In a city of daimons, rigid class lines separate the powerful from the power-hungry. And at the heart of The City is the Carnival of Souls, where both murder and pleasure are offered up for sale. Once in a generation, the carnival hosts a deadly competition that allows every daimon a chance to join the ruling elite. Without the competition, Aya and Kaleb would both face bleak futures--if for different reasons. For each of them, fighting to the death is the only way to try to live.
All Mallory knows of The City is that her father--and every other witch there--fled it for a life in exile in the human world. Instead of a typical teenage life full of friends and maybe even a little romance, Mallory scans quiet streets for threats, hides herself away, and trains to be lethal. She knows it's only a matter of time until a daimon finds her and her father, so she readies herself for the inevitable. While Mallory possesses little knowledge of The City, every inhabitant of The City knows of her. There are plans for Mallory, and soon she, too, will be drawn into the decadence and danger that is the Carnival of Souls.
I really liked Melissa Marr’s Wicked Lovely series (or at least the first two books I read) so I was going into Carnival of Souls with high hopes and I think that if I had gone into it with lower expectations, I would’ve enjoyed it more. I felt like I was waiting for lots of amazing things to happen and I was quite disappointed with the story because nothing amazing happened until the end. Also, insta-love happened in this book (which I hate).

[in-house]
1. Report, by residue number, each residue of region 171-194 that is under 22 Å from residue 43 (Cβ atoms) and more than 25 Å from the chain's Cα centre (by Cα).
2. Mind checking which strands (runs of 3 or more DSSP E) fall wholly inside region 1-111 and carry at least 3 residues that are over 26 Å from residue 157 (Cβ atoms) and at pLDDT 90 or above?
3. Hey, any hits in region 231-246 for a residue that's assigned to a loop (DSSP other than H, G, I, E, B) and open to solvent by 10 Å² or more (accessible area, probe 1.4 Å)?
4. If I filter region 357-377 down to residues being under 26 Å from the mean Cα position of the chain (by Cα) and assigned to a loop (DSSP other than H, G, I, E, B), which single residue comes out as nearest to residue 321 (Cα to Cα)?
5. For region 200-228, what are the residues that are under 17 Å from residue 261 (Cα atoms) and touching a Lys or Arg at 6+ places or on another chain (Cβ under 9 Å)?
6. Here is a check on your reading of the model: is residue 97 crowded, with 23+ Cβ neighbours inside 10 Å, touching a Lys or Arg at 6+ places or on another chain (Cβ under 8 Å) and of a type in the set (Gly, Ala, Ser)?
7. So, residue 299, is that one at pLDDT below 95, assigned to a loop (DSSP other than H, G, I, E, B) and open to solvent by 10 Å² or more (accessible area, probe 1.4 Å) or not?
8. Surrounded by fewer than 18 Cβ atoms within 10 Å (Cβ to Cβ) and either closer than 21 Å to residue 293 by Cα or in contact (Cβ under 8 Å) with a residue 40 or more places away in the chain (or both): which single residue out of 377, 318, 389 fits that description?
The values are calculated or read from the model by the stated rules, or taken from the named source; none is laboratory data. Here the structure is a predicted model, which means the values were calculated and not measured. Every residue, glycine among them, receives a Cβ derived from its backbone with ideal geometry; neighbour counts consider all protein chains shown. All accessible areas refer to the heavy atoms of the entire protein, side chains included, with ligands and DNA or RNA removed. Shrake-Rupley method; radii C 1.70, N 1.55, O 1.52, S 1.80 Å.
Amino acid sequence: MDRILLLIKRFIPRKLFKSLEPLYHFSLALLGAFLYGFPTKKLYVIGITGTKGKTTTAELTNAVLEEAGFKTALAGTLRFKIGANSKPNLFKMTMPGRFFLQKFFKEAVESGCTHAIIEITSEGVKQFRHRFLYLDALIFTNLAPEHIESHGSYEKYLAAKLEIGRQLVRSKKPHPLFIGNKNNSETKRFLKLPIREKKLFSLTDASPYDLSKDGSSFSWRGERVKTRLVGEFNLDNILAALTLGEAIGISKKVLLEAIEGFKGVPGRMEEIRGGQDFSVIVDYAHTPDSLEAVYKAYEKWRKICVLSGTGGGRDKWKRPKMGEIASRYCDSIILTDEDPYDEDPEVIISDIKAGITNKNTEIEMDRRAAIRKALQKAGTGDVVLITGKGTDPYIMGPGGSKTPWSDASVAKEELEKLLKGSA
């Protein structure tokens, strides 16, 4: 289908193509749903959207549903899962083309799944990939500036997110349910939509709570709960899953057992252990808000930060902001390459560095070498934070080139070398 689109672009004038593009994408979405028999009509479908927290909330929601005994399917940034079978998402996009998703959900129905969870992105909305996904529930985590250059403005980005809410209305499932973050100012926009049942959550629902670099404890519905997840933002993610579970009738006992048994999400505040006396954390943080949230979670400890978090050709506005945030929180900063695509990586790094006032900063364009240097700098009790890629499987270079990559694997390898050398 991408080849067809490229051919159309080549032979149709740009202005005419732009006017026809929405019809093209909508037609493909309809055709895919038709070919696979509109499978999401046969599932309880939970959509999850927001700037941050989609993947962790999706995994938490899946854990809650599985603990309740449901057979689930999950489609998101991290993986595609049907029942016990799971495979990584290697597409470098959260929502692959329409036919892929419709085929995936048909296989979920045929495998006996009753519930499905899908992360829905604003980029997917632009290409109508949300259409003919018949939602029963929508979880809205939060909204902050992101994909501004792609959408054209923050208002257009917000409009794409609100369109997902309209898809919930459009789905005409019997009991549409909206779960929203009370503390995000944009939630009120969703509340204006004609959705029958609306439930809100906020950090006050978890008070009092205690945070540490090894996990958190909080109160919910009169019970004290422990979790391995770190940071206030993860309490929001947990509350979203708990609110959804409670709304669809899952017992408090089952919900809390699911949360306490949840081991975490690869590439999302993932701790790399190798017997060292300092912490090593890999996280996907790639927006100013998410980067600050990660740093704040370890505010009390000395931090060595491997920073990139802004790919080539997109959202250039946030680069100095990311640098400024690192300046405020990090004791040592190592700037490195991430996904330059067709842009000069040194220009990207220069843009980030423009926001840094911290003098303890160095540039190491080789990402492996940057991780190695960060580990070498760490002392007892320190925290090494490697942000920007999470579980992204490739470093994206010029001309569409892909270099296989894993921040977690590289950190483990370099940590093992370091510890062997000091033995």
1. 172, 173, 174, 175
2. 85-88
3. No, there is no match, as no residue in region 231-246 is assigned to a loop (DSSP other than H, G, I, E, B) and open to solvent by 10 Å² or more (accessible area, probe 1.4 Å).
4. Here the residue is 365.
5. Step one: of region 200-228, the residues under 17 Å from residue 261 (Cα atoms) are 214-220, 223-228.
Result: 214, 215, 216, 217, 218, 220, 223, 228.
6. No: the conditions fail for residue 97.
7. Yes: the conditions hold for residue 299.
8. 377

The fighting matches were exciting and were one of the things I liked about this book. There was a lot of action, killing, and suspense. Aya would have to be my favorite character because she was so strong and knew what she wanted. The story is told in third person omniscient so I got to read about Aya, Mallory, Kaleb, etc. The names of the daimons were mostly American names which kind of bothered me because when I think of daimons I think old/latin/not American names.
The Carnival of Souls was a good start to a new series and although I wasn’t amazed by it, I absolutely want to read more of Mallory and other’s stories. Melissa Marr’s writing was fabulous as ever which made the book more likeable for me. 3.5 Stars!